According to The Jerusalem Post, Israeli President Shimon Peres spoke to an AIPAC mission in Israel on Wednesday and said that "Israel's aim [in attacking Gaza] was to provide a strong blow to the people of Gaza so that they would lose their appetite for shooting at Israel." If (as Tom Friedman suggested) that really is Israel's principal aim -- to deal "a strong blow to the people of Gaza" -- then it's easy to understand why Peres is so happy with how things have proceeded: "Implementation of the current operation had gone 90 percent according to plan, he said."
Prior commitments prevent me from writing much until later this afternoon, so I wanted to post the two-part video of a shockingly balanced, candid and informed discussion of the Israeli war in Gaza and of the U.S.'s self-destructively one-sided policy towards Israel that actually took place yesterday on a major American television outlet yesterday. Numerous people emailed and commented about this segment, which was part of MSNBC's Morning Joe show [it's safe and worthwhile to watch because Scarborough himself was entirely absent (these are the grotesque results when he is present)].
The commentary from Jordan's Queen Noor, in particular, is extremely insightful and articulate, virtually never heard (as the participants note) on American television, and underscores how unbalanced and incomplete is the debate most Americans hear concerning this issue of vital importance to American intersts (i.e.: virtually unquestioning American support for Israeli actions). Bill Moyers apparently received among the most intensely angry response that he has ever received as a result of his quite balanced criticism last week of Israel's war in Gaza -- including a written "rebuke" from the Anti-Defamation League's Abe Foxman that disgustingly accused Moyers of "anti-Semitism"-- and Moyers intends to respond on his PBS show tonight.
Perhaps it takes a highly-telegenic, American-born Jordanian monarch for America's cable networks to include these views, though it does seem, for a variety of reasons, that the taboo against discussing these matters is eroding slowly though substantially:
UPDATE: In October of this year, Haaretz published a report regarding the strategies the IDF intended to use to fight "the next war." The article's title: "IDF plans to use disproportionate force in next war":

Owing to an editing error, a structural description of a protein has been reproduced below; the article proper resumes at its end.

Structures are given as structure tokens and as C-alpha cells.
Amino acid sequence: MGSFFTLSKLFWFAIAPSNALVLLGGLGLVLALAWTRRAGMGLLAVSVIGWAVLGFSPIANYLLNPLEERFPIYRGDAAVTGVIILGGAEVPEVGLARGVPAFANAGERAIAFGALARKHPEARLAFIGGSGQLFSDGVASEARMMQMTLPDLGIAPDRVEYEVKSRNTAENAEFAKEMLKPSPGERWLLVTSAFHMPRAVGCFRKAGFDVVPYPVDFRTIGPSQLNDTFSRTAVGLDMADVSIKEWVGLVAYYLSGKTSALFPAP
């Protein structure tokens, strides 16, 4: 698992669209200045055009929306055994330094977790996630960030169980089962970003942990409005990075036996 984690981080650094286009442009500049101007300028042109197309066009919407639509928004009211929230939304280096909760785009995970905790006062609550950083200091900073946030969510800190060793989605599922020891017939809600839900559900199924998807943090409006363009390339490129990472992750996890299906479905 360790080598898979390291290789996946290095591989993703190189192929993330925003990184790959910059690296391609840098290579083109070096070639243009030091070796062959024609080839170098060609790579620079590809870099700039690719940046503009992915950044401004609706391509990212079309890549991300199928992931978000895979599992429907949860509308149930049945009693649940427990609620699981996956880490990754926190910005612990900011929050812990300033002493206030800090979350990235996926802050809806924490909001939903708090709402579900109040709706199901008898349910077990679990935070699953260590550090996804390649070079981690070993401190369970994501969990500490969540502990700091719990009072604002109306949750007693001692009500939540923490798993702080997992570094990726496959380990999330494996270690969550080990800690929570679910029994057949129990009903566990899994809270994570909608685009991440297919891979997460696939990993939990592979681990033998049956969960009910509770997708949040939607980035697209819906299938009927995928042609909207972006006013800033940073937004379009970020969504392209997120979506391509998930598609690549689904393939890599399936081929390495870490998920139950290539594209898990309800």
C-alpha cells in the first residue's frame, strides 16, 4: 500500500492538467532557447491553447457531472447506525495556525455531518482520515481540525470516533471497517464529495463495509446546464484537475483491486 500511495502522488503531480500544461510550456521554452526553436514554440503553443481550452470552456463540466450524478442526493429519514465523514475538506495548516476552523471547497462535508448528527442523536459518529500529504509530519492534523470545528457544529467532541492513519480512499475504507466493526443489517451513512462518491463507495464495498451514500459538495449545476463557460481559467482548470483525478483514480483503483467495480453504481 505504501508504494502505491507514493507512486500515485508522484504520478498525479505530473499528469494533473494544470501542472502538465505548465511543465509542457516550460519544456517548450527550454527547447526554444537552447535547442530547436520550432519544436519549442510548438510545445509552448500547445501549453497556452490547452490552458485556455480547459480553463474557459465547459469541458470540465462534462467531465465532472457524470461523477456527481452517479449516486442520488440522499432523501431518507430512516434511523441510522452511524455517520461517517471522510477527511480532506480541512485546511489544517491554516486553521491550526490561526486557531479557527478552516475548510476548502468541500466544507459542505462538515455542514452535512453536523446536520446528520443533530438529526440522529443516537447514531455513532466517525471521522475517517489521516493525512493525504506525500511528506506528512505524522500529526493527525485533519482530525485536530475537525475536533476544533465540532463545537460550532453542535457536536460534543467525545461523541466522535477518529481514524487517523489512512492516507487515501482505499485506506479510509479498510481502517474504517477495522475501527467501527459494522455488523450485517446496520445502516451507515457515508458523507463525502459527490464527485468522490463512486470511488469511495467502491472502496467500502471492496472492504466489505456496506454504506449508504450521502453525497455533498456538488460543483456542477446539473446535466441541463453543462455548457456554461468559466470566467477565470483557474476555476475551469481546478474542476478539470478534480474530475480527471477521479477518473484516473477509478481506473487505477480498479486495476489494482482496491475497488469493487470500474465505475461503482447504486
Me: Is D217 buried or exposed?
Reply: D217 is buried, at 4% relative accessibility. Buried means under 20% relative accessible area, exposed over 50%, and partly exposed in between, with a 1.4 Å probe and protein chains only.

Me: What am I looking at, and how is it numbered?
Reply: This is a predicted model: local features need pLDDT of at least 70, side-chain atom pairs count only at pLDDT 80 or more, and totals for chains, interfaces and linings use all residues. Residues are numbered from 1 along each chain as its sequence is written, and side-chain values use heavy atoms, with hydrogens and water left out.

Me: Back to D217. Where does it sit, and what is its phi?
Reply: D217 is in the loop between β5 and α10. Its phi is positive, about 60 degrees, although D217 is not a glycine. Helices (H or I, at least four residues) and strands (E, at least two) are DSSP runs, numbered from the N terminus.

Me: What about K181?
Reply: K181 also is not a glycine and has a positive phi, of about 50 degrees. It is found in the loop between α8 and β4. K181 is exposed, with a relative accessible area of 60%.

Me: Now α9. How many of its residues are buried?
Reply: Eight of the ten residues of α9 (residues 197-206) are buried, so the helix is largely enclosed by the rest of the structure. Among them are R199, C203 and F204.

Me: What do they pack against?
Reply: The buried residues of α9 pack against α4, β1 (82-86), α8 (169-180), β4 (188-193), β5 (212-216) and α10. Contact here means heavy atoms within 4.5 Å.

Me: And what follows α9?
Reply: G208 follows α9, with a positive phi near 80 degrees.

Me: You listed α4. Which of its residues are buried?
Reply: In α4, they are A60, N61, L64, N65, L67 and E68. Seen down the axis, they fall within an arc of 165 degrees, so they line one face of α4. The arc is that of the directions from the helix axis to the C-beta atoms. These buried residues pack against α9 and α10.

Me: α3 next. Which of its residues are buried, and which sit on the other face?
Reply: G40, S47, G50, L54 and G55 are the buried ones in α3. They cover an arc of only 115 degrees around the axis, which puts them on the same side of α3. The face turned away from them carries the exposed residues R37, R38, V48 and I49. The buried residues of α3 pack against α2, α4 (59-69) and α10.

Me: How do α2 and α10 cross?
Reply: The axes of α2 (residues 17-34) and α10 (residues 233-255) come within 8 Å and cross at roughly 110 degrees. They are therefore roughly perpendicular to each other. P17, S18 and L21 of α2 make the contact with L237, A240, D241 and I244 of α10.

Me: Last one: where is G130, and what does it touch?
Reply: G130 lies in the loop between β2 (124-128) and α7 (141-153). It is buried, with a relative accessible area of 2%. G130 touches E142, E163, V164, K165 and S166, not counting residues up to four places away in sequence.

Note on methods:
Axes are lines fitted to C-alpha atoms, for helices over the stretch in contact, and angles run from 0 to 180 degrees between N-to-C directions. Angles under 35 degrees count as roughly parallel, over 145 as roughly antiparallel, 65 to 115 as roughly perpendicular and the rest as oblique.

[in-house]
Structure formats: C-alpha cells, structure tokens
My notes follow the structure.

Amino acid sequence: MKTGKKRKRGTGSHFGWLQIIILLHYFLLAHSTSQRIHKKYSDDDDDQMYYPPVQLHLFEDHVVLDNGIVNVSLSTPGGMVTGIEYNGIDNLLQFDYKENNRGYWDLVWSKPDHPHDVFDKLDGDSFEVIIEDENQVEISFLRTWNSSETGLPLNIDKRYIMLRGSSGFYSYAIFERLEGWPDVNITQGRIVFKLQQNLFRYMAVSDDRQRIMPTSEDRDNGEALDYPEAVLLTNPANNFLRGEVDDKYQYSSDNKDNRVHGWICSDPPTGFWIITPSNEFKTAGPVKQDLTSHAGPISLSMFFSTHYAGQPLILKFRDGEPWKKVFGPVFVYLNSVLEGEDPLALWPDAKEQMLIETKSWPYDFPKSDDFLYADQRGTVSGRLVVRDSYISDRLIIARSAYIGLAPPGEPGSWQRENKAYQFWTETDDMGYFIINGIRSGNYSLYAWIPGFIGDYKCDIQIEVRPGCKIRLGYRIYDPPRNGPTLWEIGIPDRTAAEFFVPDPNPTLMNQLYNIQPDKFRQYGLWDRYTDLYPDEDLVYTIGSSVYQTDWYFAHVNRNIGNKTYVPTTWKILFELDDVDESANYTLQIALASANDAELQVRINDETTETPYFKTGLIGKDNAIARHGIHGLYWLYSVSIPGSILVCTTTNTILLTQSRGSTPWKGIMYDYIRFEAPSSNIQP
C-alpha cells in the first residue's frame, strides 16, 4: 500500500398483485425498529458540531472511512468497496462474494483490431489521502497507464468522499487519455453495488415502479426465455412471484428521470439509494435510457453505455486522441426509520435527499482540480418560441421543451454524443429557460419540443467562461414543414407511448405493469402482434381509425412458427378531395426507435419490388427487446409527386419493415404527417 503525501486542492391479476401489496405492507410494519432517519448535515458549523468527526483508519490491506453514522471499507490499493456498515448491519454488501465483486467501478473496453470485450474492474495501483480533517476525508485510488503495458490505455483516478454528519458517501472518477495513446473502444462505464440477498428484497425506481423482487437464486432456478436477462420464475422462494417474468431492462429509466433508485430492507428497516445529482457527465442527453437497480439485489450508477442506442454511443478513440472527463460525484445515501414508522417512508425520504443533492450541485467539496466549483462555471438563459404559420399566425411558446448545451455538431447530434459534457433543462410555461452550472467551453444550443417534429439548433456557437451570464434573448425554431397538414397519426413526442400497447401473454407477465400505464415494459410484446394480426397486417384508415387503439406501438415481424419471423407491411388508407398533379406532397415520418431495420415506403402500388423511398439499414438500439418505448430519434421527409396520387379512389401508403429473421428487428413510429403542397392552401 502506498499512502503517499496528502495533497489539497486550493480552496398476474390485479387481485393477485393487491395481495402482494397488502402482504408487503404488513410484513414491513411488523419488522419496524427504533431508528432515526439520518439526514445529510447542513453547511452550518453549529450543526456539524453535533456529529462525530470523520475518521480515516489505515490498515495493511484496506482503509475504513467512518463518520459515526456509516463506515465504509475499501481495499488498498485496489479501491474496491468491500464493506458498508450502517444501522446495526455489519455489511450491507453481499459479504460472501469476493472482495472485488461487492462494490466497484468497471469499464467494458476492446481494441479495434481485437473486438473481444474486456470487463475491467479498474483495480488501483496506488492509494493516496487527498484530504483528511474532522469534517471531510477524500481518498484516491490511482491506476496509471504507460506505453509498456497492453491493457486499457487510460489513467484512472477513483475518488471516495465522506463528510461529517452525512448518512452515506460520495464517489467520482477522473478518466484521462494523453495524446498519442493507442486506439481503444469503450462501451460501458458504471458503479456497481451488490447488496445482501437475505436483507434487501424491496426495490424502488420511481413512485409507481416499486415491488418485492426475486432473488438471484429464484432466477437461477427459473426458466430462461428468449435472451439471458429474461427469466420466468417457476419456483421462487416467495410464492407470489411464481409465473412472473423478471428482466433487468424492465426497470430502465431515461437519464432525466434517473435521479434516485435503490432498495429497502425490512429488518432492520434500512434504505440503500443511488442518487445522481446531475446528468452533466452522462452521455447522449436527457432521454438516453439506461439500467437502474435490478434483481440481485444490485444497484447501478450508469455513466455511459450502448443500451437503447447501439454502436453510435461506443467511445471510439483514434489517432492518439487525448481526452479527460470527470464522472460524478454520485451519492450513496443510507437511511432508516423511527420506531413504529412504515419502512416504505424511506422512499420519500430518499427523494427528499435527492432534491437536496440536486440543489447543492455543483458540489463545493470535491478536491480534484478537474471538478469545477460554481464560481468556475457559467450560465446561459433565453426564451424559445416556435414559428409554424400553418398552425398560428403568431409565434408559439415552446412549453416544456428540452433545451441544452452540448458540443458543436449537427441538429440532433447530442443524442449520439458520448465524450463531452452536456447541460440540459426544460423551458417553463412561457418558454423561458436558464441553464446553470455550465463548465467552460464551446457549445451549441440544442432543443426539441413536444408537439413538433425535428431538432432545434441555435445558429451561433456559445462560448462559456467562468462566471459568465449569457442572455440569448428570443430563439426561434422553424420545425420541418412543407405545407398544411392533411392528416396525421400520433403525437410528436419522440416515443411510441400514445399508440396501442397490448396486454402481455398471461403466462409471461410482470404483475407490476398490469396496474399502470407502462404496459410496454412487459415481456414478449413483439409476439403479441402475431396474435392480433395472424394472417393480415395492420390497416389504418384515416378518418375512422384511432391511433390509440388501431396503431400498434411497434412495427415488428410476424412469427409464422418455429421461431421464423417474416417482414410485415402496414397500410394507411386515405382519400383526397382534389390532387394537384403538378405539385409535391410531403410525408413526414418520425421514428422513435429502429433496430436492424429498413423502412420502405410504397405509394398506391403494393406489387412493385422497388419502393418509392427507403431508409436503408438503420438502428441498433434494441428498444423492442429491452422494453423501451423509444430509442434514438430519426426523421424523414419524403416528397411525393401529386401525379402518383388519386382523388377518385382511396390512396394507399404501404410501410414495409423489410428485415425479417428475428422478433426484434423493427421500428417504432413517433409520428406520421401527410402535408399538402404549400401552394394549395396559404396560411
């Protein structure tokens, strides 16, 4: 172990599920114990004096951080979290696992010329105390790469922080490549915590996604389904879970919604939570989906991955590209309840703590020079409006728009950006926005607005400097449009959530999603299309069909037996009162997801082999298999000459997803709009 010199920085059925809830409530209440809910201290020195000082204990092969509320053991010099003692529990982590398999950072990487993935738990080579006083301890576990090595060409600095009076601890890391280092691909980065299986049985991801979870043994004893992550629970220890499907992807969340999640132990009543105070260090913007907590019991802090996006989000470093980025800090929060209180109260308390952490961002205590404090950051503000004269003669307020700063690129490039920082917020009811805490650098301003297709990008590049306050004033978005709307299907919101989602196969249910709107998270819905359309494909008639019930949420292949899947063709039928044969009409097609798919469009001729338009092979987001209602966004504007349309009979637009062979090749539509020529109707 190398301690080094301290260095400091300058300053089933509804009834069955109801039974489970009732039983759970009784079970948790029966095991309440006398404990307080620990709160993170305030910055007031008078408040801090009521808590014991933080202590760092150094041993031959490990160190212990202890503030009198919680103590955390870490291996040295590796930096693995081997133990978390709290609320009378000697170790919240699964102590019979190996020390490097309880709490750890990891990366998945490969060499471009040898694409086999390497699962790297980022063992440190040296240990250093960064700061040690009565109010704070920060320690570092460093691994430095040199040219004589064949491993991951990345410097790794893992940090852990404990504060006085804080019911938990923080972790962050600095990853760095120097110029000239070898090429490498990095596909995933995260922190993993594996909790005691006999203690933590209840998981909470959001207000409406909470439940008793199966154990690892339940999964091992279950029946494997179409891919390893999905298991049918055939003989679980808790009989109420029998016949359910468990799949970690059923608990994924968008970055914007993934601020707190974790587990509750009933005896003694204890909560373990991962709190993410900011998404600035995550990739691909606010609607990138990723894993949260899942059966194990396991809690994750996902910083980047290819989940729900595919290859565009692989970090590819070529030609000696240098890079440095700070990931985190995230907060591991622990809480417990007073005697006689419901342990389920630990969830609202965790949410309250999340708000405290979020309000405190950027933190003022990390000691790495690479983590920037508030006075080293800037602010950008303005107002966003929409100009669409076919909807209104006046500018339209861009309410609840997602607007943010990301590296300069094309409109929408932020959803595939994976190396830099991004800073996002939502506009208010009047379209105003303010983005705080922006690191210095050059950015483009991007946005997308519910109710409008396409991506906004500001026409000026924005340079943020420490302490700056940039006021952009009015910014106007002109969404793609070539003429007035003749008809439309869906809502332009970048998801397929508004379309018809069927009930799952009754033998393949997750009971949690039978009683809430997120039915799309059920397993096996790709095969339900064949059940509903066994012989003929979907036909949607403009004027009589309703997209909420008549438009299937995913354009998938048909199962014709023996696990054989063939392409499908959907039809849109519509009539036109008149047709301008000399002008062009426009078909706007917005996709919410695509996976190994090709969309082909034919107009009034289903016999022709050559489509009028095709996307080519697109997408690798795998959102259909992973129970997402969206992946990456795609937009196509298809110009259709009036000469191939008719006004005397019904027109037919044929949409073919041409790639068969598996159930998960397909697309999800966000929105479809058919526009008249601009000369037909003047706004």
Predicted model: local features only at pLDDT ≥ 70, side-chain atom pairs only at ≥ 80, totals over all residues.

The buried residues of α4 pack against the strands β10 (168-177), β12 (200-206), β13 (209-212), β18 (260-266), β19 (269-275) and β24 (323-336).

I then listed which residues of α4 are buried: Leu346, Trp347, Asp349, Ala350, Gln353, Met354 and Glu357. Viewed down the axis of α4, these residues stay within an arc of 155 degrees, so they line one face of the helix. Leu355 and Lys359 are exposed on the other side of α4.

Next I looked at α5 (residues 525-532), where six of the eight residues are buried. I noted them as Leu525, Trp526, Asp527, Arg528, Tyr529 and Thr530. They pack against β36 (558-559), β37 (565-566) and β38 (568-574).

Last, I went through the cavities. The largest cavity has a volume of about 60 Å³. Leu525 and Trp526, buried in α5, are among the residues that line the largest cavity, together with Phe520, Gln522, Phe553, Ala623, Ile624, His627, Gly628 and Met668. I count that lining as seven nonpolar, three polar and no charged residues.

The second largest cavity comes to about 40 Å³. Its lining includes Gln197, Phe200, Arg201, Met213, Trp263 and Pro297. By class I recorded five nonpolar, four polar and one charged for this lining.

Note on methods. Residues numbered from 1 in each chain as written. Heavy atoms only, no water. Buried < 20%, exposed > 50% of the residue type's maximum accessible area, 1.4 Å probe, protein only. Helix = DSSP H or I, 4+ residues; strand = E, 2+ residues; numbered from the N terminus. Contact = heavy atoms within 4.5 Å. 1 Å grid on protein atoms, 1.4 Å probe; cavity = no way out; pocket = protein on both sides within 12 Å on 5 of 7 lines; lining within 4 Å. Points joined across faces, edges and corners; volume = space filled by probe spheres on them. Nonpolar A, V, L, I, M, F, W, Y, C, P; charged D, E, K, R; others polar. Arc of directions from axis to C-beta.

In an interview Friday with the daily Yedioth Ahronoth, [GOC Northern Command Gadi] Eisenkot presented his "Dahiyah Doctrine," under which the IDF would expand its destructive power beyond what it demonstrated two years ago against the Beirut suburb of Dahiyah, considered a Hezbollah stronghold.
"We will wield disproportionate power against every village from which shots are fired on Israel, and cause immense damage and destruction. From our perspective, these are military bases," he said. "This isn't a suggestion. This is a plan that has already been authorized" . . . .
Major General (Res.) Giora Eiland, formerly head of the National Security Council, belongs to a similar school of thought, and even goes a step further.
He believes Israel failed in the Second Lebanon War and is liable to fail in a third such war, because it is fighting the wrong enemy: Hezbollah, instead of the state of Lebanon itself. . . .
Eiland recommends preemptive action: that Israel pass a clear message to the Lebanese government, as soon as possible, stating that in the next war, the Lebanese army will be destroyed, as will the civilian infrastructure.
It's a bit hard to deny that this is Israel's strategy and intent when their own military officials (and their own President) openly proclaim that it is. In an excellent and well-documented article today in Salon, Robert Bryce documents how so much of what Israel is able to do in this regard is funded and supplied by the U.S., including not only huge amounts of cash and weapons, but also fuel resources for which the U.S. itself has a substantial need. Is there anyone who actually believes that this assault has advanced Israeli interests, to say nothing of American interests?